Tantalus and Sisyphus
According to Greek mythology, after mortals died, their souls were sent to the Underworld. Before the gods were created, the Afterlife was a complete mess. Even after the gods came into existence, no one paid attention to the gloomy place. Until Hades mentioned it. So, Hades was made the god of the Underworld. Hades organized the place and made sure the souls ended up in the correct places. After the Underworld was functioning properly, the other gods had a huge advantage. If any mortal messed with them, they could blast him to pieces, visit Hades, and demand a special punishment. Here are the two best examples.
That guy was messed up. He was a king, a son of Zeus. He was favoured and invited to Mount Olympus to share immortals’ food. Great honour, huh? But Tantalus got greedy. He wanted to take the divine food back to Earth. Zeus disagreed completely. Tantalus was angry. He invited the gods for dinner at his house. He prepared an absolutely disgusting meal by killing his son and making stew out of the flesh. Every god except Demeter recognized the meat and refused to eat it. Demeter, who was too distracted by her missing daughter, ate the shoulder. When Tantalus’s son was resurrected, he was given an ivory replacement. Zeus killed Tantalus, went to Hades, and demanded a punishment that involved food. Hades was feeling very creative and thought up the perfect punishment.
Tantalus was sunk waist-deep in a pool of water, his feet stuck to the bottom. Above him hung a tree that bore all kinds of fruit. His punishment was to stand there forever. When he got hungry, Tantalus reached for fruit. The branches rose just above reach. When he got thirsty, he scooped up water, but it instantly vaporized. He could neither eat nor drink. The English word ‘tantalizing’ comes from Tantalus’s name.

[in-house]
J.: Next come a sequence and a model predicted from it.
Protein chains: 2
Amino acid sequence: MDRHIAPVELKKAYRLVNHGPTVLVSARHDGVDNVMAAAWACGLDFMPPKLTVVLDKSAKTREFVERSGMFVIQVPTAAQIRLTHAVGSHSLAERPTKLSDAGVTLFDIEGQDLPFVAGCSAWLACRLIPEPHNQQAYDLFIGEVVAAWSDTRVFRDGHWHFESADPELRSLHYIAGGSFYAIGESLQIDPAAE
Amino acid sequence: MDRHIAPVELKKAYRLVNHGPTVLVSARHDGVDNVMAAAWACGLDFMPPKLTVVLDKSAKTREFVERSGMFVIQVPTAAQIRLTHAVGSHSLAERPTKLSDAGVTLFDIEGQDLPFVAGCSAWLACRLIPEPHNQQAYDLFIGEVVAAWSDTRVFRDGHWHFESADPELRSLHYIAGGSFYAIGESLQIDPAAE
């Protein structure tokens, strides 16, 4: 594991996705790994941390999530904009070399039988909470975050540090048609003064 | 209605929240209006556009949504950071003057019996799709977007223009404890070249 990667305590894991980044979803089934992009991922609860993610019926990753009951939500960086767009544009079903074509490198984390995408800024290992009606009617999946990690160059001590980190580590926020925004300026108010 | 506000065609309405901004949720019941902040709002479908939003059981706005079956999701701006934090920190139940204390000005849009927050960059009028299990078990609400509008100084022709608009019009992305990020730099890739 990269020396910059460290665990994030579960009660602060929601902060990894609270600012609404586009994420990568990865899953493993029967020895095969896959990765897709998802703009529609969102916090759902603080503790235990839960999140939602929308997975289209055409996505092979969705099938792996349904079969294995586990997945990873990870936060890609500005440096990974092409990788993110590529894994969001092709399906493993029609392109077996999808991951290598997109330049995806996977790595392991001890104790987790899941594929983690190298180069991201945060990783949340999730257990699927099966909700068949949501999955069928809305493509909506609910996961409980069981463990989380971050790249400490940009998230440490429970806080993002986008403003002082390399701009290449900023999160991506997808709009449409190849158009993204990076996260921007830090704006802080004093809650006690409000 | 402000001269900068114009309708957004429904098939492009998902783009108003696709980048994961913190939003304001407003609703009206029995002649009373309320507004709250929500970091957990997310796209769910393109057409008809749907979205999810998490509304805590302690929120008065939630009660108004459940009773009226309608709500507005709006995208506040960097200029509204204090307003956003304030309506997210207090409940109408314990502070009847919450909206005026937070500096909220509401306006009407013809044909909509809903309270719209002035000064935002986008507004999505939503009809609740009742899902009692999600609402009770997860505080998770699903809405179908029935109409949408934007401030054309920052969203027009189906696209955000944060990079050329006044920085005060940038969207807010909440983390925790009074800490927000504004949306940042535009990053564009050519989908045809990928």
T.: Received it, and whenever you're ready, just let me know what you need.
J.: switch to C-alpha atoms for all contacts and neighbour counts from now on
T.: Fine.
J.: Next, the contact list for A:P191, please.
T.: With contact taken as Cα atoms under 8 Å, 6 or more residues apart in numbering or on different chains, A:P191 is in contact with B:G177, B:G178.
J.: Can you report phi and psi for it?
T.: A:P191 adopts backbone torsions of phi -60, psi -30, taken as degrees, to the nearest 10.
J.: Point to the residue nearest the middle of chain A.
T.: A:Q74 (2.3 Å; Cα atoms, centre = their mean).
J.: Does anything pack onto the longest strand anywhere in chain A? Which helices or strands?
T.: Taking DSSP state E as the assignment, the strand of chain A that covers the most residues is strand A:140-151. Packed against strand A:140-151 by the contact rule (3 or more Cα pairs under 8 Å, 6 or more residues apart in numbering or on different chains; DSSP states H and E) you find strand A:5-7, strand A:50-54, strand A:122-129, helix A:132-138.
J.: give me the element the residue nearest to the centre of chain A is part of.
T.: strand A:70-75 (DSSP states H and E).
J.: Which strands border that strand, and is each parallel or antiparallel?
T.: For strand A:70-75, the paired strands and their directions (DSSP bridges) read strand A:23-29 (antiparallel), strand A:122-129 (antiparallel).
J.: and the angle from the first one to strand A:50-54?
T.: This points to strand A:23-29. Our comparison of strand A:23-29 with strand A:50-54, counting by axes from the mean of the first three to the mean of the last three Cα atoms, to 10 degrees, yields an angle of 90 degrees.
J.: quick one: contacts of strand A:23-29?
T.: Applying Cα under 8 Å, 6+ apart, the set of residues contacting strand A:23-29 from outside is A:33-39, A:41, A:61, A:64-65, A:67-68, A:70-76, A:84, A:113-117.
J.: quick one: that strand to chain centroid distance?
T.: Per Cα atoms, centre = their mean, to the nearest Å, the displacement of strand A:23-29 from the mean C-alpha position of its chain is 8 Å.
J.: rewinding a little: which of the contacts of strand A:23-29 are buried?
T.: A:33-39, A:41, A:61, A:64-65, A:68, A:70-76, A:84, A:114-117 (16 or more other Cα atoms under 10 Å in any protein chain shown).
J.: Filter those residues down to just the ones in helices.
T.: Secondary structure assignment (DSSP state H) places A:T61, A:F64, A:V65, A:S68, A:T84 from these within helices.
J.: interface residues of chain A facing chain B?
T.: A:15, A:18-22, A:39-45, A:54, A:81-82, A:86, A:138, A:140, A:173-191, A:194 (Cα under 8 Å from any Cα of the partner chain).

Sisyphus’s problem was that he didn’t want to die. One day Thanatos, the god of Death who helped Hades, showed up at Sisyphus’s house. Sisyphus opened the door and found a big guy with dark feathery wings looming behind him. Sisyphus immediately grabbed a pole and knocked him out. He tied Thanatos up, gagged him, and shoved him under the bed. Without the god of Death, nobody died. At first, no one complained. Then a big battle happened between two cities. Ares, the war god, was angry because Death was absent. Sure, it was messy, with plenty of blood, but no one fell.
“Where’s Death?” Ares screamed. “No fun without Death.”
Ares set off on a search. Finally, he came to Sisyphus’s house and asked:
“Have you seen a big guy with feathery wings?”
Sisyphus tried to hide his panic, but Ares sensed it. He knocked down the house and found Thanatos under the bed. Both gods turned on Sisyphus and vaporized him. Once Sisyphus got to the Underworld, he tricked Hades, came back to the mortal world, and somehow put his body back together. He thought Hades would forget him, but he was wrong. Hades sent the messenger god, Hermes, to look for Sisyphus. Hermes wore a helmet, so Sisyphus couldn’t whack him over the head too easily. Hermes dragged Sisyphus back to the Underworld.
There, Hades had a very special punishment ready. In the Fields of Punishment, there was a hill taller than Everest. At the foot of the hill sat a boulder. Sisyphus had to roll or carry the boulder to the top. Then he’d be free. Sisyphus was relieved. The job would be hard, but it wasn’t impossible.
Unfortunately for him, the job was impossible. Just when Sisyphus reached the top, the boulder would roll back to the bottom, crushing him on the way. Since souls are immortal, he was resurrected. After some time, he wanted to rest. But Sisyphus soon found out that, for some reason, he was unable to stop. He was doomed to roll his rock forever.